functions with only imaginary axis poles of multiplicity 1 and poles in the left half-plane.
As an example, the unit step response of the stable system of Figure 6.1(a) is
compared to that of the unstable system of Figure 6.1(b). The responses, also shown
in Figure 6.1, show that while the oscillations for the stable system diminish, those for
the unstable system increase without bound. Also notice that the stable system’s
response in this case approaches a steady-state value of unity.
It is not always a simple matter to determine if a feedback control system is
stable. Unfortunately, a typical problem that arises is shown in Figure 6.2. Although
we know the poles of the forward transfer function in Figure 6.2(a), we do not know
the location of the poles of the equivalent closed-loop system of Figure 6.2(b)
without factoring or otherwise solving for the roots.
However, under certain conditions, we can draw some conclusions about
the stability of the system. First, if the closed-loop transfer function has only

1
R(s) = s + E(s) 3 C(s)

– s(s +1)(s + 2)

Stable system

j 1.047
s-plane
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1
c(t)

σ
–2.672 –0.164

–j 1.047 0
0 15 30
Stable system's
Time (seconds)
closed-loop poles
(not to scale)
(a)

1
R(s) = s + E(s) 7 C(s)

– s(s +1)(s + 2)

Unstable system

j 1.505
s-plane

σ
0.0434
c(t)

–3.087 1
0
–j 1.505 0 15 30
–1
FIGURE 6.1 Closed-loop Unstable system's
poles and response: closed-loop poles Time (seconds)
(not to scale)
a. stable system;
b. unstable system (b)
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6.2 Routh-Hurwitz Criterion 305

R(s) + E(s) 10(s + 2) C(s)


s(s + 4)(s + 6)(s + 8)(s + 10)

(a)

R(s) 10(s + 2) C(s) FIGURE 6.2 Common cause


of problems in finding closed-
s5 + 28s4 + 284s3 + 1232s2 + 1930s + 20
loop poles: a. original system;
(b) b. equivalent system

left–half-plane poles, then the factors of the denominator of the closed-loop system
transfer function consist of products of terms such as ðs þ ai Þ, where ai is real and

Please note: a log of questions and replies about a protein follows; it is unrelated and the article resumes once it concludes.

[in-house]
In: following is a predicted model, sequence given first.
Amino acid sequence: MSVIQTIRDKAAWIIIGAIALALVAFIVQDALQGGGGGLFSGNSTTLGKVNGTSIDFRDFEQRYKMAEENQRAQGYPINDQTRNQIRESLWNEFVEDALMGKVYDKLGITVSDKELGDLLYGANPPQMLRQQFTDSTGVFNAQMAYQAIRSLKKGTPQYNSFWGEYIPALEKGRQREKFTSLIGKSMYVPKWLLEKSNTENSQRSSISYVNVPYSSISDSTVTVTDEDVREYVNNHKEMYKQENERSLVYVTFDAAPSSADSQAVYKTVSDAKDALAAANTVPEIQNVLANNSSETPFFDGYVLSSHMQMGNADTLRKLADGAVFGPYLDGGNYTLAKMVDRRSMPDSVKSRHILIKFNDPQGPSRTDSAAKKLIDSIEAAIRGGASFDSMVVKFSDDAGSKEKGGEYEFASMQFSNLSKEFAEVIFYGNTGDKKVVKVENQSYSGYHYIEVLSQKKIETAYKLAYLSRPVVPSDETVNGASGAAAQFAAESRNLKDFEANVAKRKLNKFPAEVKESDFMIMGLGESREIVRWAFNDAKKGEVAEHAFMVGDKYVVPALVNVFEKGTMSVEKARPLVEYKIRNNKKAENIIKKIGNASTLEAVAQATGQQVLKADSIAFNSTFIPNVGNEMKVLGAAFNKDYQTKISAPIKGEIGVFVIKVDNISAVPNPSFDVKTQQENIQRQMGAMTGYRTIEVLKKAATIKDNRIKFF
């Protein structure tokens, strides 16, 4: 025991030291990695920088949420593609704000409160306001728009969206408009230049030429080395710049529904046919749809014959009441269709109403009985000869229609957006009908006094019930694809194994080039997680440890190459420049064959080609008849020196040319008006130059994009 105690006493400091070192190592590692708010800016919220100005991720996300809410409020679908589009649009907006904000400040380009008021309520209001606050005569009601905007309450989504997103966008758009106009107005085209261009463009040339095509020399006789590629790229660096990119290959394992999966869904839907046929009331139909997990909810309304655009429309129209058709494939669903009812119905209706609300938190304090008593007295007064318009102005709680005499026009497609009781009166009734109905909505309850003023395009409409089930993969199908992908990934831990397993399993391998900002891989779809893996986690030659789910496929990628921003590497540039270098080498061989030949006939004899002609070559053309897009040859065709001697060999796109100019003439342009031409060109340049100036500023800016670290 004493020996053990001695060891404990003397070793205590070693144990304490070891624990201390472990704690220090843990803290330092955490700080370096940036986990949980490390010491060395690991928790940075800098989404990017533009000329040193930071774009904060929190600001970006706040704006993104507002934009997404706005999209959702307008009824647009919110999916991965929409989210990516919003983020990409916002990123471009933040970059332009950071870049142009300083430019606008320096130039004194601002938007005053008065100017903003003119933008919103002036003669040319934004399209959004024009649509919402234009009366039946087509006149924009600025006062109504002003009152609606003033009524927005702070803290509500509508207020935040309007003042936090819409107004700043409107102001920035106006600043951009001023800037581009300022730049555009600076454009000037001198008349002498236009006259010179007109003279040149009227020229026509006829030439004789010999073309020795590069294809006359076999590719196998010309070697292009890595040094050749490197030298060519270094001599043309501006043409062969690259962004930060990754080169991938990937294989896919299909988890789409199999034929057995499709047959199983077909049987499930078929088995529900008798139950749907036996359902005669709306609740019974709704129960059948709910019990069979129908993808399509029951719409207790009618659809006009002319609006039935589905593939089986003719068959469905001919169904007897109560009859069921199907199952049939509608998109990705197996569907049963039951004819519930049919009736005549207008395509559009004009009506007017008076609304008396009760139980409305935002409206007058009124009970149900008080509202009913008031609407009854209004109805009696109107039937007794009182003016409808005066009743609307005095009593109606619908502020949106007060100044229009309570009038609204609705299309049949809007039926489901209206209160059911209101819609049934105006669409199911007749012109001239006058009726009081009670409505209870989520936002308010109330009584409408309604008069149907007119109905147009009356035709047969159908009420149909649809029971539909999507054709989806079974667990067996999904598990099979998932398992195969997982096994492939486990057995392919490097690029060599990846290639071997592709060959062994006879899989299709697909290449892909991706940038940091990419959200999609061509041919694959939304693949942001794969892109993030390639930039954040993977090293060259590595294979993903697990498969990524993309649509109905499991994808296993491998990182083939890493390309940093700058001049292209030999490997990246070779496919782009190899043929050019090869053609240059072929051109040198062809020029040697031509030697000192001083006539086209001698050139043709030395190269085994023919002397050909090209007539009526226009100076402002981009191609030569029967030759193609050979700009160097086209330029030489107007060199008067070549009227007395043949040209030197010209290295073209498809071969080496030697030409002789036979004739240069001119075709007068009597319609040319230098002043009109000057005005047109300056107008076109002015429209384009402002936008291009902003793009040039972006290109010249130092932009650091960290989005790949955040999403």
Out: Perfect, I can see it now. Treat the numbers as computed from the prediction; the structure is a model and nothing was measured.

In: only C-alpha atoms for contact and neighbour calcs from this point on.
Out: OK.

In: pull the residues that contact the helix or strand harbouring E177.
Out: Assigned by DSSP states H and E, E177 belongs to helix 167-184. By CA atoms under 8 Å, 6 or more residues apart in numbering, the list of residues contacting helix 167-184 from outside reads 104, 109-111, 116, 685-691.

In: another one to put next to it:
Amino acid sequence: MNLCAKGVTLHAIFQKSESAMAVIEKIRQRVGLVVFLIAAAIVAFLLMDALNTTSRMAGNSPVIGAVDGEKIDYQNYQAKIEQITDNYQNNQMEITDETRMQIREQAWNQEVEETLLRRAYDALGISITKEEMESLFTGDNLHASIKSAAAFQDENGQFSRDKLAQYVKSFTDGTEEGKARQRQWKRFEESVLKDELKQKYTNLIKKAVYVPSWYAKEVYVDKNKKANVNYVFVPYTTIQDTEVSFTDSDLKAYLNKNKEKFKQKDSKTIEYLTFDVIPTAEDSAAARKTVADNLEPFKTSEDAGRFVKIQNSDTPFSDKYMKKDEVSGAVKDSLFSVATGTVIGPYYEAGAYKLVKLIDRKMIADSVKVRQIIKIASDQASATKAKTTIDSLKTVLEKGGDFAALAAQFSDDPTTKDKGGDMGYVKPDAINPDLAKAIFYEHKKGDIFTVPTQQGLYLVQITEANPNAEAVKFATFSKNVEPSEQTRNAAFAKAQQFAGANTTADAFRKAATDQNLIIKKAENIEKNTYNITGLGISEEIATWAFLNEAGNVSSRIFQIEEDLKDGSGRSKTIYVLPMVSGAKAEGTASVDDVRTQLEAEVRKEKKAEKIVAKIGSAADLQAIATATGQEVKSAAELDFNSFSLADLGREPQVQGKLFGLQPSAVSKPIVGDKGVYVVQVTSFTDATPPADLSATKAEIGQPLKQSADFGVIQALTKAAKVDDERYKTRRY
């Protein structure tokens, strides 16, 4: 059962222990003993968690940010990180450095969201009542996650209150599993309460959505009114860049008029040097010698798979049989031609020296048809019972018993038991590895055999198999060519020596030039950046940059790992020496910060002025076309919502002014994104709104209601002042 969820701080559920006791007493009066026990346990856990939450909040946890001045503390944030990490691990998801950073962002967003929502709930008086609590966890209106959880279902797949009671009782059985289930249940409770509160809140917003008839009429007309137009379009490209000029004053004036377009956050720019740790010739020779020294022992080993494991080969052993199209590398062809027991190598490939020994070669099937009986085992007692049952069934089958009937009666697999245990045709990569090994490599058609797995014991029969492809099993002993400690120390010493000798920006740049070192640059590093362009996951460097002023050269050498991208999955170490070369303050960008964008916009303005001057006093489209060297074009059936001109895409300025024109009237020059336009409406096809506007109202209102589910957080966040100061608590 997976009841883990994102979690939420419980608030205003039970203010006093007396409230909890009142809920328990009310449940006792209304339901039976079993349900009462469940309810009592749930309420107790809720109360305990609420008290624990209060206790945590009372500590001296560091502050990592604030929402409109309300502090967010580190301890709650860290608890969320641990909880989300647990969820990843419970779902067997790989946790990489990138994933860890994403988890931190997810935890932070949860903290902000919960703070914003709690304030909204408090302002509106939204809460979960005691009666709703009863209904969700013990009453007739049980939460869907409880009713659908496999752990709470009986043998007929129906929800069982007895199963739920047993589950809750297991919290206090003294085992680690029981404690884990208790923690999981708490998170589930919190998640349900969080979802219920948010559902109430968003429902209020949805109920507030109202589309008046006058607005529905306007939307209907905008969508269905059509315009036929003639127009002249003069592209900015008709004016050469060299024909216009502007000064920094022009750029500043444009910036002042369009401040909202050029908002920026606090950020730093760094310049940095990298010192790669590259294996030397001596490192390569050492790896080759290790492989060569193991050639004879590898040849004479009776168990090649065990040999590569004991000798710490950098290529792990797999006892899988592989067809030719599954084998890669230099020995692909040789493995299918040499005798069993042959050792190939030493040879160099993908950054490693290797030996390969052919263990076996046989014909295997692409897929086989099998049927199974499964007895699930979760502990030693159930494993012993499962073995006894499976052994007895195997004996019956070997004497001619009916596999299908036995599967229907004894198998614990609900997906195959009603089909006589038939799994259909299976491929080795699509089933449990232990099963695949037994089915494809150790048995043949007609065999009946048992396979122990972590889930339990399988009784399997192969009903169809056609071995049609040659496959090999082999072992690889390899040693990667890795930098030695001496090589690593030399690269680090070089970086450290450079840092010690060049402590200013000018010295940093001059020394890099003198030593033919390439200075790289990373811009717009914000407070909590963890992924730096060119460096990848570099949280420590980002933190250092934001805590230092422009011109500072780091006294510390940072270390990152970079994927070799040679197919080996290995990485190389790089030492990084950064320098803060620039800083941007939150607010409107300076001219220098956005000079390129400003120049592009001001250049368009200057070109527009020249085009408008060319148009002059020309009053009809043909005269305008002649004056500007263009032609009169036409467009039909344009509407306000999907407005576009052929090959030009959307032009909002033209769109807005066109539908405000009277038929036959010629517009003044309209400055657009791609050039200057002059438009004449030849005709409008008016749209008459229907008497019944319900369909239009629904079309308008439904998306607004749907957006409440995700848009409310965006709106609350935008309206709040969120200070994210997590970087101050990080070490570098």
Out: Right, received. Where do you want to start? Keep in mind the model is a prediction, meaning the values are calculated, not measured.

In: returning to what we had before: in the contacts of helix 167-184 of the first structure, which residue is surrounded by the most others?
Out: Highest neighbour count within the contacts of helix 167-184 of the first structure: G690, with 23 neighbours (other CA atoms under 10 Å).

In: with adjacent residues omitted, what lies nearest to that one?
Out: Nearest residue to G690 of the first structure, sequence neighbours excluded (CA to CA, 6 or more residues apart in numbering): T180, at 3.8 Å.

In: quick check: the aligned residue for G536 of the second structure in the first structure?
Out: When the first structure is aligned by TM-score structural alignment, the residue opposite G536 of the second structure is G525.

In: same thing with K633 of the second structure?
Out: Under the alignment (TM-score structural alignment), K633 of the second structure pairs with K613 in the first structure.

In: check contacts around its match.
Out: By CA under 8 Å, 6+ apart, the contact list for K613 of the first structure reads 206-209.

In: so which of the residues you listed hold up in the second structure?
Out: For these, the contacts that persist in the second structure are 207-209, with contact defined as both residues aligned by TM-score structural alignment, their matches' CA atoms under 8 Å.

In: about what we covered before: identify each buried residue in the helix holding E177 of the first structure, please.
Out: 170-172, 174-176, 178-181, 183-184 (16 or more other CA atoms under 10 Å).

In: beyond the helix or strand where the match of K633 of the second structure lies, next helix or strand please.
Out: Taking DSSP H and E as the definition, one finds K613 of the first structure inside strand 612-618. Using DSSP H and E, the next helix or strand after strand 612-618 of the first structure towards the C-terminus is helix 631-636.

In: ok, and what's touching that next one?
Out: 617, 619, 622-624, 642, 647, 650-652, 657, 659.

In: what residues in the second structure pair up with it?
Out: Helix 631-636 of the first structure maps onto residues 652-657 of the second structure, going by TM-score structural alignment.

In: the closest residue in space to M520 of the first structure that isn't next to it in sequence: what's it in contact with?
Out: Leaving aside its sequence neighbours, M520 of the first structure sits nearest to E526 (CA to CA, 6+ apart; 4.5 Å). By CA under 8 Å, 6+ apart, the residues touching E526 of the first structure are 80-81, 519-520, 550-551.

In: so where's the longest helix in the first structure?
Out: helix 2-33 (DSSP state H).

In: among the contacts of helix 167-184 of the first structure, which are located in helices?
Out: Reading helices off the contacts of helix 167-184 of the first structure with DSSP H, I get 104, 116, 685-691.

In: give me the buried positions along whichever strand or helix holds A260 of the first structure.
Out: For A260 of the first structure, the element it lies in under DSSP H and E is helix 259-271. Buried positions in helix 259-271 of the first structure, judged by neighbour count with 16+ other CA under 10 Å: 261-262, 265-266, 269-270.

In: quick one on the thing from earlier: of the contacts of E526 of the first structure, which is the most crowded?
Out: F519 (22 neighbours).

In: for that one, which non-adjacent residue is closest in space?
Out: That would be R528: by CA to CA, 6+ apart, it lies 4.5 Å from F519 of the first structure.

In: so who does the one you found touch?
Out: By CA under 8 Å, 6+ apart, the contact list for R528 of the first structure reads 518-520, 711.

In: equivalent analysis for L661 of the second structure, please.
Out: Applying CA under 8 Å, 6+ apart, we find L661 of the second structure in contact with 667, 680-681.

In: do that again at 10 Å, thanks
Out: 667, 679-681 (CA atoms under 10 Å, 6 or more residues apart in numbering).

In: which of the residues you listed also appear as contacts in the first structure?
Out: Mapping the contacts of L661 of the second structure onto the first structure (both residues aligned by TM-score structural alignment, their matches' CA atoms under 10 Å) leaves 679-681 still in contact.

positive, or complex with a positive real part. The product of such terms is a
polynomial with all positive coefficients.2 No term of the polynomial can be missing,
since that would imply cancellation between positive and negative coefficients or
imaginary axis roots in the factors, which is not the case. Thus, a sufficient condition
for a system to be unstable is that all signs of the coefficients of the denominator of
the closed-loop transfer function are not the same. If powers of s are missing, the
system is either unstable or, at best, marginally stable. Unfortunately, if all coef-
ficients of the denominator are positive and not missing, we do not have definitive
information about the system’s pole locations.
If the method described in the previous paragraph is not sufficient, then a
computer can be used to determine the stability by calculating the root locations of
the denominator of the closed-loop transfer function. Today some hand-held
calculators can evaluate the roots of a polynomial. There is, however, another
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method to test for stability without having to solve for the roots of the denominator.
We discuss this method in the next section.

6.2 Routh-Hurwitz Criterion


In this section, we learn a method that yields stability information without the need
to solve for the closed-loop system poles. Using this method, we can tell how many
closed-loop system poles are in the left half-plane, in the right half-plane, and on the
jv-axis. (Notice that we say how many, not where.) We can find the number of poles
in each section of the s-plane, but we cannot find their coordinates. The method is
called the Routh-Hurwitz criterion for stability (Routh, 1905).
The method requires two steps: (1) Generate a data table called a Routh table
and (2) interpret the Routh table to tell how many closed-loop system poles are in
the left half-plane, the right half-plane, and on the jv-axis. You might wonder why we
study the Routh-Hurwitz criterion when modern calculators and computers can tell